Goodbye to Youk

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Goodbye to Youk

On May 15, 2004 seven months after one of the lowest points in Red Sox history and five months before the undisputed apex Kevin Youkilis made his Major League debut. The Sox were playing the Blue Jays at the artist formerly known as SkyDome, and Youkilis batted eighth and played third base for the recently-DL'ed Bill Mueller.

Youk was a guy who Boston fans were already familiar with before his first taste of Major League life. We knew him as one of the strongest prospects in the Sox system. We knew him as one of the faces of the Moneyball phenomenon. We knew him for his nickname: The Greek God of Walks. And of course, we knew him from his Oscar-nominated cameo in 1994's Milk Money, starring Ed Harris and pre-collagen Melanie Griffith.

In the second inning, the 25-year-old Youkilis took the plate for his long-awaited first career at bat . . . and promptly popped up to shortstop. But he got another chance in the fourth, and this time, drove a 2-1 pitch over the left field wall for his first hit a home run. However, what happened afterwards was far more memorable than the blast itself.

Youkilis rounded the bases and jogged back to the dugout, surely looking to celebrate the realization of a lifelong dream. Instead, he found nothing. Teammates, coaches, bat boys everyone ignored him. It was the old school silent treatment, and Youkilis was the perfect target. With no other options, he walked down to the end of the bench, where he sat awkwardly for a few seconds, until the Sox eventually called off the gag and trickled down to congratulate their newest teammate. It was hilarious. A uniquely memorable start to a uniquely memorable Red Sox career. One that came to a predictable, but nonetheless emotional end yesterday afternoon at Fenway.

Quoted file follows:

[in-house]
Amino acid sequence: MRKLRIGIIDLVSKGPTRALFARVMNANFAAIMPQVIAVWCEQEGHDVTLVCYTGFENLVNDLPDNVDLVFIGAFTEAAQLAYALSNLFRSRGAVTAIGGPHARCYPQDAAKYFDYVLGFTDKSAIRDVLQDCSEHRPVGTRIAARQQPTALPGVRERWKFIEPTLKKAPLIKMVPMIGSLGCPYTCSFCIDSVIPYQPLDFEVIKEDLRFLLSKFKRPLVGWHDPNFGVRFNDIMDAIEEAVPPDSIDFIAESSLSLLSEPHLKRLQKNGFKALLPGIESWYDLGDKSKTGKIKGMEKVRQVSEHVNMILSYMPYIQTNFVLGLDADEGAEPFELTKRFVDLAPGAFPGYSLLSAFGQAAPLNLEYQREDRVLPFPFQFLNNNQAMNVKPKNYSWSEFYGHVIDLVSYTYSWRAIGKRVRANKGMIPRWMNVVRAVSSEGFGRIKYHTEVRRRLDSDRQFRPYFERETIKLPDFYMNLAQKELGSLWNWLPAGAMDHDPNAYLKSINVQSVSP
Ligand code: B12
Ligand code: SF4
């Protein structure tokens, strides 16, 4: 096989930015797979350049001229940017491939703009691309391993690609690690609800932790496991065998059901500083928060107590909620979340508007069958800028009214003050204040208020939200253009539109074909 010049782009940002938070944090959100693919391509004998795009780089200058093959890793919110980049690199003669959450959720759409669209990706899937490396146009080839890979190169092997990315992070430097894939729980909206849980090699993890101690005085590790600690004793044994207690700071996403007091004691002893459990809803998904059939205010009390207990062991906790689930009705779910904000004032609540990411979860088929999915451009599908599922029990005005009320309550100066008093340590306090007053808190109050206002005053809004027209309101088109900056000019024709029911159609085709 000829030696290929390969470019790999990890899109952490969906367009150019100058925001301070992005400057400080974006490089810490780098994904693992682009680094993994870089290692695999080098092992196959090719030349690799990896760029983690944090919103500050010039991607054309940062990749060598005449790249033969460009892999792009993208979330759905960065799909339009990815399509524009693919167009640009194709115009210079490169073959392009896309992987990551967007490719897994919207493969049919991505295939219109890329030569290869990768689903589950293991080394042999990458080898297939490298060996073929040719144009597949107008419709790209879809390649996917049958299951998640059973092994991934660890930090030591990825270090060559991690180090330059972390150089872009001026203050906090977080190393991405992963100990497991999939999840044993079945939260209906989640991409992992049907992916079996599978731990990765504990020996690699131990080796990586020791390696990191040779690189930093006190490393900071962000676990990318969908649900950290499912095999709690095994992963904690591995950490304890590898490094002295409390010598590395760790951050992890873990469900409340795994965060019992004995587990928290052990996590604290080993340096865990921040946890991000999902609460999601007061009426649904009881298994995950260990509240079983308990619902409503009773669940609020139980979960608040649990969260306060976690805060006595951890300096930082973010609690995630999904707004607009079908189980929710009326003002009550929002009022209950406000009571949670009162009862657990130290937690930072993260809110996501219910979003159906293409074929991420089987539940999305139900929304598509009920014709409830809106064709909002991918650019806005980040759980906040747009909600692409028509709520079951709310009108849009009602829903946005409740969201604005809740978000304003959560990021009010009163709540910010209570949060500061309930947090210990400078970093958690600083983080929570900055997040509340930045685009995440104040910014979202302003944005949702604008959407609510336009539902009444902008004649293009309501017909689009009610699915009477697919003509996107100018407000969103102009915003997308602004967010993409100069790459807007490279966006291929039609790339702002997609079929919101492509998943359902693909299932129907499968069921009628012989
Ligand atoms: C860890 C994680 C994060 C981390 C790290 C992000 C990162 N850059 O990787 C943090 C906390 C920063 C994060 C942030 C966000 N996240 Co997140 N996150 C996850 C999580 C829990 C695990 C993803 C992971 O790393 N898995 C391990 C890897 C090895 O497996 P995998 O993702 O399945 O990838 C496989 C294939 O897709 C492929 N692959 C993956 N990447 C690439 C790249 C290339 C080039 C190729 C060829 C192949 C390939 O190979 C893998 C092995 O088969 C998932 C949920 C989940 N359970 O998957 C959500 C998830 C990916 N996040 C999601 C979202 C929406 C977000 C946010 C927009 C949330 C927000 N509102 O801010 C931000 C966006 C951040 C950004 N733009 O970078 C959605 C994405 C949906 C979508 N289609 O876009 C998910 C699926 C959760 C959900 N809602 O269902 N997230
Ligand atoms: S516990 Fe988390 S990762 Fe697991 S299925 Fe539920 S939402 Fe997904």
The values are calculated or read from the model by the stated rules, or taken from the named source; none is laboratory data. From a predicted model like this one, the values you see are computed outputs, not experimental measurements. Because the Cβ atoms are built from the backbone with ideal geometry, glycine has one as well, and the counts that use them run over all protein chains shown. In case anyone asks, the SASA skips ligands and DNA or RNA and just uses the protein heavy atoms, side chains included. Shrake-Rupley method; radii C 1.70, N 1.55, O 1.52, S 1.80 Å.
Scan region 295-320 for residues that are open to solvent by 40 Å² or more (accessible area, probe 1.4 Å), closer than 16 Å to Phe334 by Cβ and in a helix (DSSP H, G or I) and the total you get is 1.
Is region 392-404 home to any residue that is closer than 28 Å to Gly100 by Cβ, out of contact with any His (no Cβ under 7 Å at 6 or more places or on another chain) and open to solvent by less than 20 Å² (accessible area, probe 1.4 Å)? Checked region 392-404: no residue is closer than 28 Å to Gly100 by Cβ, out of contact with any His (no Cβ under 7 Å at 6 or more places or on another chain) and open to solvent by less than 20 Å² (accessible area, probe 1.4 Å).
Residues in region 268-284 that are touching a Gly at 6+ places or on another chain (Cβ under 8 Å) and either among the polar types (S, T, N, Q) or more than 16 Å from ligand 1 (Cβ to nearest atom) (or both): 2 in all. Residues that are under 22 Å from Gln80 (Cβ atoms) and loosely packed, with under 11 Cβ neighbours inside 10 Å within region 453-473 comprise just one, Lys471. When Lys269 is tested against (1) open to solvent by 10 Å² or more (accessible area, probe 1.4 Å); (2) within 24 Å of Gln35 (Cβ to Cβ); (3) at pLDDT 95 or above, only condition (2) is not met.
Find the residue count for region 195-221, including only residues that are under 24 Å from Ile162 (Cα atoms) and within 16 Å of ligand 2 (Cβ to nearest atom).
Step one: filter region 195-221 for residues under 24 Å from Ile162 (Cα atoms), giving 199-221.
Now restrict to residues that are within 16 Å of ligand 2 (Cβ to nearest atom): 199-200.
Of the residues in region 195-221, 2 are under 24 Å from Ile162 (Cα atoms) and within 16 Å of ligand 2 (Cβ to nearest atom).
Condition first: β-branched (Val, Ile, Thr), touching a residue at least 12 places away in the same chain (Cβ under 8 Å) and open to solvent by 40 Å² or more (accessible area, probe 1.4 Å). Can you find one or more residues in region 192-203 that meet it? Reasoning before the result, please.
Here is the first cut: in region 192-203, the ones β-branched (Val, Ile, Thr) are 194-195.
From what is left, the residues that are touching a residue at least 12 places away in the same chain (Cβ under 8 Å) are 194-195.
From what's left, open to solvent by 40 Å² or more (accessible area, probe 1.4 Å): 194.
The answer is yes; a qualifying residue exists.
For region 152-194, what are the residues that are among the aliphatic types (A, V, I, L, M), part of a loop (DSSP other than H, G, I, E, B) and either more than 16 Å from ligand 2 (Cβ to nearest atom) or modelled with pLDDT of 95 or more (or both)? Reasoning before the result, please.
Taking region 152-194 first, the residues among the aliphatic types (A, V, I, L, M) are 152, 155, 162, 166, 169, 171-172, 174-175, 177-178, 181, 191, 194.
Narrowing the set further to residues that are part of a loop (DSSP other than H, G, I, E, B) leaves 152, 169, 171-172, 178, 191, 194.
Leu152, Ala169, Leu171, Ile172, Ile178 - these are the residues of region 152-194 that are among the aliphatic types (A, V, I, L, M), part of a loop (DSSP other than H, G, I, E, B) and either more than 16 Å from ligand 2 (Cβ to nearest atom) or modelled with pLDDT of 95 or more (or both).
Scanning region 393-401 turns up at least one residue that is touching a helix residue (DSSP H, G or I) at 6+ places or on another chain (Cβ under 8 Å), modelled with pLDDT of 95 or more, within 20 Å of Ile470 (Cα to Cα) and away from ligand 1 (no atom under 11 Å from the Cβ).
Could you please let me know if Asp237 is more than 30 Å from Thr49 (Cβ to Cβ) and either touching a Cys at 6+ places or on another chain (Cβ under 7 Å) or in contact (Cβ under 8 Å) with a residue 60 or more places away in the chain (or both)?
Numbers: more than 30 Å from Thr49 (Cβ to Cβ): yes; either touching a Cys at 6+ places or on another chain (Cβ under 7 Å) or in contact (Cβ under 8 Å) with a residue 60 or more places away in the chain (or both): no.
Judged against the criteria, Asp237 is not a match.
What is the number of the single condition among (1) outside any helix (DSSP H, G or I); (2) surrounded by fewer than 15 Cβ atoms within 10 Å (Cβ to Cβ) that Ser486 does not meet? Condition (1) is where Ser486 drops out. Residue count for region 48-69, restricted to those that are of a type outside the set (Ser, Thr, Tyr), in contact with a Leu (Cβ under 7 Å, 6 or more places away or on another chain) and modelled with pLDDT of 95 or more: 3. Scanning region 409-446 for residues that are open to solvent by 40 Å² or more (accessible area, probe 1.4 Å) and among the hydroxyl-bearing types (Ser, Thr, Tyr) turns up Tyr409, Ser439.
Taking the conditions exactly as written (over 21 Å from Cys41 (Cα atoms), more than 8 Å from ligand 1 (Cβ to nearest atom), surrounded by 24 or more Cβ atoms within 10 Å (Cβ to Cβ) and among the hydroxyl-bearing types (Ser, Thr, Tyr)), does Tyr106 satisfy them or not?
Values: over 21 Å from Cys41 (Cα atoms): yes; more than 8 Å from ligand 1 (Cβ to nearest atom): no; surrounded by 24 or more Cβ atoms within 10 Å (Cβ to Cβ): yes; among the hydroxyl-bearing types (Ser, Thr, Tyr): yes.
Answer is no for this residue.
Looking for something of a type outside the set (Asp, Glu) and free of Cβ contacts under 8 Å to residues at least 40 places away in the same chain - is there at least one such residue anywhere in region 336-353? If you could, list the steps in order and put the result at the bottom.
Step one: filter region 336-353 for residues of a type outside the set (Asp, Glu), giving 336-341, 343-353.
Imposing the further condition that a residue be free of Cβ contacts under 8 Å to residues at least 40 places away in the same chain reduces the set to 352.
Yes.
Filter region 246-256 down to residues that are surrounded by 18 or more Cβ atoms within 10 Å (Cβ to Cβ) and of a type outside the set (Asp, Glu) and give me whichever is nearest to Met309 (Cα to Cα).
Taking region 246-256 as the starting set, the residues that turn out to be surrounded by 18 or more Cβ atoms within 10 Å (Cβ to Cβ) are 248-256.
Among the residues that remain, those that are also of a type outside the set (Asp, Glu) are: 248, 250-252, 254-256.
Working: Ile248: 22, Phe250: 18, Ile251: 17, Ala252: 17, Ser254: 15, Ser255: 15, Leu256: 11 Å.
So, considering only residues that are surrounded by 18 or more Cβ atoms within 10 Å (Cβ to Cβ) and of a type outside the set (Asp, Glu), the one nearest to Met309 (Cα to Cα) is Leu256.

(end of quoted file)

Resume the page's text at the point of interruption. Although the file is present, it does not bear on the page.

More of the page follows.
In retrospect, the funniest thing about Kevin Youkilis' original nickname the Greek God of Walks will always be that Youkilis isn't even Greek. However, the most ironic thing about the name is that what ultimately endeared Youk to fans here in Boston is that he was just about the furthest thing from a God.

Nomar. Pedro. Manny. Papi. Those were baseball Gods. Those were guys who when at their best lived and operated on such a different level from the rest of humanity that it was hard to even fathom. They were larger than life. They were our idols.

Youk was our buddy.

The fire. The anger. The attitude. The chip on his shoulder. The beard. The endless array of Irish driving caps. They say when two people are married long enough, they start looking, dressing and acting alike. Well, after nearly a decade in Boston, Kevin Youkilis born and raised in Cincinnati looked and acted like a dead ringer for any lifelong Bostonian. Where most athletes around here can't wait for the season to end so they can escape to their home bases in California, Arizona, Texas and the Dominican, Youk was based here. He loved Boston. He was Boston. He embraced the city as much as we embraced him.